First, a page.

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SCA Reduces its Payment Demands for Ever Given's Release

shoei kisen kaisha
Ever Given may have been refloated, but she is still stuck in litigation (SCA file image)

Published May 25, 2021 12:58 PM by The Maritime Executive

The negotiations between shipowner Shoei Kisen Kaisha and the Suez Canal Authority over the release of the boxship Ever Given have begun to produce signs of movement, with the SCA reducing the amount of its payment demand and signaling its willingness to accept a reduced deposit. 

In March, Ever Given grounded on both banks of the southern Suez Canal, creating a six-day stoppage for billions of dollars in trade. After the casualty, she was detained for an investigation, and the SCA obtained a court order to seize Ever Given and her cargo pending payment of an extraordinary $916 million fine. To date, according to SCA chairman Osama Rabie, Shoei Kisen has offered a maximum of $150 million to settle SCA's claims - far less than the authority's initial demand.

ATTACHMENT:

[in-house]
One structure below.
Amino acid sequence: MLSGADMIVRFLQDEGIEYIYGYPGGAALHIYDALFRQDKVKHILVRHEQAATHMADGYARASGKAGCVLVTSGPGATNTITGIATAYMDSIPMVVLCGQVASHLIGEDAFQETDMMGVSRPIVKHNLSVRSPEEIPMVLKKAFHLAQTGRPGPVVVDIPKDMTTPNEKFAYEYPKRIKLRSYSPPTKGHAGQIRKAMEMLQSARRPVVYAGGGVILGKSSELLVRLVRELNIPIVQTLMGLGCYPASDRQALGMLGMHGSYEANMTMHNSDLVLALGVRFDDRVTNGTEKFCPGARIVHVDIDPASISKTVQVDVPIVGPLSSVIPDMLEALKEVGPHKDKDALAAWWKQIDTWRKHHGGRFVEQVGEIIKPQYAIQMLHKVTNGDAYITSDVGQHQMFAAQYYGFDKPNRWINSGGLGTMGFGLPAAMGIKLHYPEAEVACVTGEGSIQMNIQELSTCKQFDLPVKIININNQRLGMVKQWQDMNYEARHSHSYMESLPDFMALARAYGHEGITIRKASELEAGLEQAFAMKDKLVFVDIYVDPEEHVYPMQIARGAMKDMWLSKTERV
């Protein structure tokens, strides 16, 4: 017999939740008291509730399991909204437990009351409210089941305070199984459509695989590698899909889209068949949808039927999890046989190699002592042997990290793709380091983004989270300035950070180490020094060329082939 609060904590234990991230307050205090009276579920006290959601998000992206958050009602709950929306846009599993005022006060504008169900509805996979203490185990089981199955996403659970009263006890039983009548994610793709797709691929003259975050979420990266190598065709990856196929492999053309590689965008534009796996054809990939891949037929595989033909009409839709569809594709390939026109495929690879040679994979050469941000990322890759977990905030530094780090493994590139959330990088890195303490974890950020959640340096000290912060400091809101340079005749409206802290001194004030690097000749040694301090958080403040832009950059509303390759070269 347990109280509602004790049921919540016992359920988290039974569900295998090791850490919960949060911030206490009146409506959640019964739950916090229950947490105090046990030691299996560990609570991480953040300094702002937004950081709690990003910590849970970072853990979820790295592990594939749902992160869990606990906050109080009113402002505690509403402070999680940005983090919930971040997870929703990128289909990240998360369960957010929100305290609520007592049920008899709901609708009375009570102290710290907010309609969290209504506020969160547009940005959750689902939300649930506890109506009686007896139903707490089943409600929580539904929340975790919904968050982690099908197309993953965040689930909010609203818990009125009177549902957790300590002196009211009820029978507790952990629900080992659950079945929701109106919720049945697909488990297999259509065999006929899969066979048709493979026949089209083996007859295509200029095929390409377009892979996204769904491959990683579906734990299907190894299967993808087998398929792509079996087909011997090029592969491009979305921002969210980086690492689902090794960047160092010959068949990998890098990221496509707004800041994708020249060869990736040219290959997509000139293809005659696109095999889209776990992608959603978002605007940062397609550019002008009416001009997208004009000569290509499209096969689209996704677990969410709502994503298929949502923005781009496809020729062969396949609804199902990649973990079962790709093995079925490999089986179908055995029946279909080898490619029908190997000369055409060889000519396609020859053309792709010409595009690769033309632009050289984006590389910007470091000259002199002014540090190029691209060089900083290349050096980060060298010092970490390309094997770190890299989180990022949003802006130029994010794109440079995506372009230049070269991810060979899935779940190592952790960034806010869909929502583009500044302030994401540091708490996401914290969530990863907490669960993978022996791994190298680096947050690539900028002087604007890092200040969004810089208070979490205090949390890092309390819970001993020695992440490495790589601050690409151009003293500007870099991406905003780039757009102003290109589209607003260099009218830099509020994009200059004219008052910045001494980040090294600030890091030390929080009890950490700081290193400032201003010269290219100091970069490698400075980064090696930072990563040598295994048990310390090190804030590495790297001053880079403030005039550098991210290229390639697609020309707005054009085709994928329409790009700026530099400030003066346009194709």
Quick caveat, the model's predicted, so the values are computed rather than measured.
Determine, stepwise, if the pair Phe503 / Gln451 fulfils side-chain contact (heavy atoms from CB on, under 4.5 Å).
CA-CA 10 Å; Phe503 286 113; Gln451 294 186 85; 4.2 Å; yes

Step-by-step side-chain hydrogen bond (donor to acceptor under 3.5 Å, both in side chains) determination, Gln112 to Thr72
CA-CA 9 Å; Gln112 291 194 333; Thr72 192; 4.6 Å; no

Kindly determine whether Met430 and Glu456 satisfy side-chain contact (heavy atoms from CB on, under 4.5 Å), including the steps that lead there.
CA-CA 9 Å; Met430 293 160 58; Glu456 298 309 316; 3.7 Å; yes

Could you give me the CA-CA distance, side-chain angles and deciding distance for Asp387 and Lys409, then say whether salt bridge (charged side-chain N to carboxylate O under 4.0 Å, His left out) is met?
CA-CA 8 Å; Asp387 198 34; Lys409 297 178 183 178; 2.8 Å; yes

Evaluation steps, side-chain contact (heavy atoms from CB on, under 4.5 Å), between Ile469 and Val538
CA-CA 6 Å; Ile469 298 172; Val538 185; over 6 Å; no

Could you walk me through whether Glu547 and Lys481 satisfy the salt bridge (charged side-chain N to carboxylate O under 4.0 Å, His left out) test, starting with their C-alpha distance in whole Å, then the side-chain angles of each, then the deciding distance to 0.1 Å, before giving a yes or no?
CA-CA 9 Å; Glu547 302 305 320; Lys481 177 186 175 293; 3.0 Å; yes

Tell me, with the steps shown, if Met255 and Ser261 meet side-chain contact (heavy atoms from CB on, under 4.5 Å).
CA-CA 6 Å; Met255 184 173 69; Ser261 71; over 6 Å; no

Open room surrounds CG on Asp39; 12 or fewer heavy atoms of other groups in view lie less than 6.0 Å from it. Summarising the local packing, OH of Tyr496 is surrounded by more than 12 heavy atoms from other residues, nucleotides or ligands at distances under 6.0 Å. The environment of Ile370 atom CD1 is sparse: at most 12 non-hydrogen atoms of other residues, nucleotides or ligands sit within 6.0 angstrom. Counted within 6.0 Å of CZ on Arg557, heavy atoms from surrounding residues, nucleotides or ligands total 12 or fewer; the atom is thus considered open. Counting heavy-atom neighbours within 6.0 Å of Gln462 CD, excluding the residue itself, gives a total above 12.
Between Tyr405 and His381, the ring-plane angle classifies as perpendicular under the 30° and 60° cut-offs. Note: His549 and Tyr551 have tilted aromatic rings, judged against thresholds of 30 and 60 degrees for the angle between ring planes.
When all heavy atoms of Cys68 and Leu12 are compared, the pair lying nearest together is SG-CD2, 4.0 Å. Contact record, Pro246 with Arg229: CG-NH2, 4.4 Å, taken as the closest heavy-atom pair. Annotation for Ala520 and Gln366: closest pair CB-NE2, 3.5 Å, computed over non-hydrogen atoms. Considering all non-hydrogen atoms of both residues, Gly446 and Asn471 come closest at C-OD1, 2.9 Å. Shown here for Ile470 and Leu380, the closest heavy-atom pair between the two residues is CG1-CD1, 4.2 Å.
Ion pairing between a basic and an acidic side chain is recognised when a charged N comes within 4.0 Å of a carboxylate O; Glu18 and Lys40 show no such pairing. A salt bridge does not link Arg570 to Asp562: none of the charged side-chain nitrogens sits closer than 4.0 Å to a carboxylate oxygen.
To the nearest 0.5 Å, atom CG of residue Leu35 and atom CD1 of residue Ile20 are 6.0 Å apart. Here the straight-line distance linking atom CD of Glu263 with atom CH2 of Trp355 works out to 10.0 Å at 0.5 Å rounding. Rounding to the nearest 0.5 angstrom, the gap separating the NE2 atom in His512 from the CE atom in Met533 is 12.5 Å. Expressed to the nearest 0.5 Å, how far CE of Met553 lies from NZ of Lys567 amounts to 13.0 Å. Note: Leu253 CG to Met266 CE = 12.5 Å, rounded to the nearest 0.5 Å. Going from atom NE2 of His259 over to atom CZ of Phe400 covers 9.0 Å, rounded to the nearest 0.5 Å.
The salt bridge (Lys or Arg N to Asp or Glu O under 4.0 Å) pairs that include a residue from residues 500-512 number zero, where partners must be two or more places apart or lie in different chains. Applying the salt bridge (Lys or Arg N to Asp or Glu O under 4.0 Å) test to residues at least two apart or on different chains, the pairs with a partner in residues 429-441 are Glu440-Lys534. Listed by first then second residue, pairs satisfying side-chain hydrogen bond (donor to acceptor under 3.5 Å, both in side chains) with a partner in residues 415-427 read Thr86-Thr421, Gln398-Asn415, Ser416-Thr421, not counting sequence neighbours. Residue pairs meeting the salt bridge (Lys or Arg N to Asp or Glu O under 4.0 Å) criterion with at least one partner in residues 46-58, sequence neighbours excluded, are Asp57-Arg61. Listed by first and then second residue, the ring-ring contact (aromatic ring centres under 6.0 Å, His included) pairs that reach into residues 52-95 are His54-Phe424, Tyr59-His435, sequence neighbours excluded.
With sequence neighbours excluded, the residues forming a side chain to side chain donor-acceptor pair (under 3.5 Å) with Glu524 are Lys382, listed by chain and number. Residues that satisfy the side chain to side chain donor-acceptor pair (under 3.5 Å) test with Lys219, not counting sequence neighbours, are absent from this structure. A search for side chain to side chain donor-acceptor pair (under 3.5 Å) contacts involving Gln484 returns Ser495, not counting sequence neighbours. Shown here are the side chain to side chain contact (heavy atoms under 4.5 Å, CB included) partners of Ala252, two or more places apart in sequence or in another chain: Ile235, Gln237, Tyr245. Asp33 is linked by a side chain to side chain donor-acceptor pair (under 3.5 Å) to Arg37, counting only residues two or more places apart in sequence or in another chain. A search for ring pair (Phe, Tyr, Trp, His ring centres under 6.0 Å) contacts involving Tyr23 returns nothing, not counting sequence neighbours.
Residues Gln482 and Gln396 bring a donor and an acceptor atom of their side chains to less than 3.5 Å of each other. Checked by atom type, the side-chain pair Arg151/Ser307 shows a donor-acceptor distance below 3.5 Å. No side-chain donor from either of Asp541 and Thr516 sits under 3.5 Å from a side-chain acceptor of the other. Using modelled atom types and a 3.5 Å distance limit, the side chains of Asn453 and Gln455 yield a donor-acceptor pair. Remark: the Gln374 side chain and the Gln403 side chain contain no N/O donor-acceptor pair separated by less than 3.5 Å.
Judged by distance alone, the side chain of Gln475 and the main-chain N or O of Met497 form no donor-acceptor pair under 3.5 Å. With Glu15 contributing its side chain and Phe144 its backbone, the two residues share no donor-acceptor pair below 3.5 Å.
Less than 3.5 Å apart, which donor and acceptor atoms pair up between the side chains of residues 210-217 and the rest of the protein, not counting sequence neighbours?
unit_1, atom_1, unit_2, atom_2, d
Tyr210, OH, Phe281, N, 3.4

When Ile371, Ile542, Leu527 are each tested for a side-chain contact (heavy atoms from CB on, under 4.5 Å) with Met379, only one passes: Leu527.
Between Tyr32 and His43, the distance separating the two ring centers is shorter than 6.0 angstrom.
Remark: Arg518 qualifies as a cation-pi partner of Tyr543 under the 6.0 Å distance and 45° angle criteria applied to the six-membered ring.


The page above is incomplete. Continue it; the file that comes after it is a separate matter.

In an appeal filed in an Egyptian court, Shoei Kisen's lawyers have argued that SCA was responsible for the casualty by allowing Ever Given to enter the southern stretch of the canal during a windstorm. The filing sought the vessel's release and a small $100,000 payment from SCA as compensation. The court swiftly rejected the appeal, and the case will now go to a higher court for further review. 

Outside of the courtroom, the negotiations over Ever Given's fate continue. On Tuesday, SCA confirmed that it would be willing to reduce its claim to $550 million - down from a previous compromise amount of $600 million - and would let the vessel go if Shoei Kisen and its insurers would post an initial $200 million deposit. SCA emphasized its continued "flexibility" during the negotiations and its longstanding relationship with Shoei Kisen, whose ships frequently pass through the canal. 

The standoff has significant implications for the owners of Ever Given's cargo, who cannot access their goods until the SCA gives permission. To offload any significant fraction of her 15,000 TEU of cargo, Ever Given would have to transit to a terminal with large shoreside cranes; for now, she remains waiting at anchor in the Great Bitter Lake.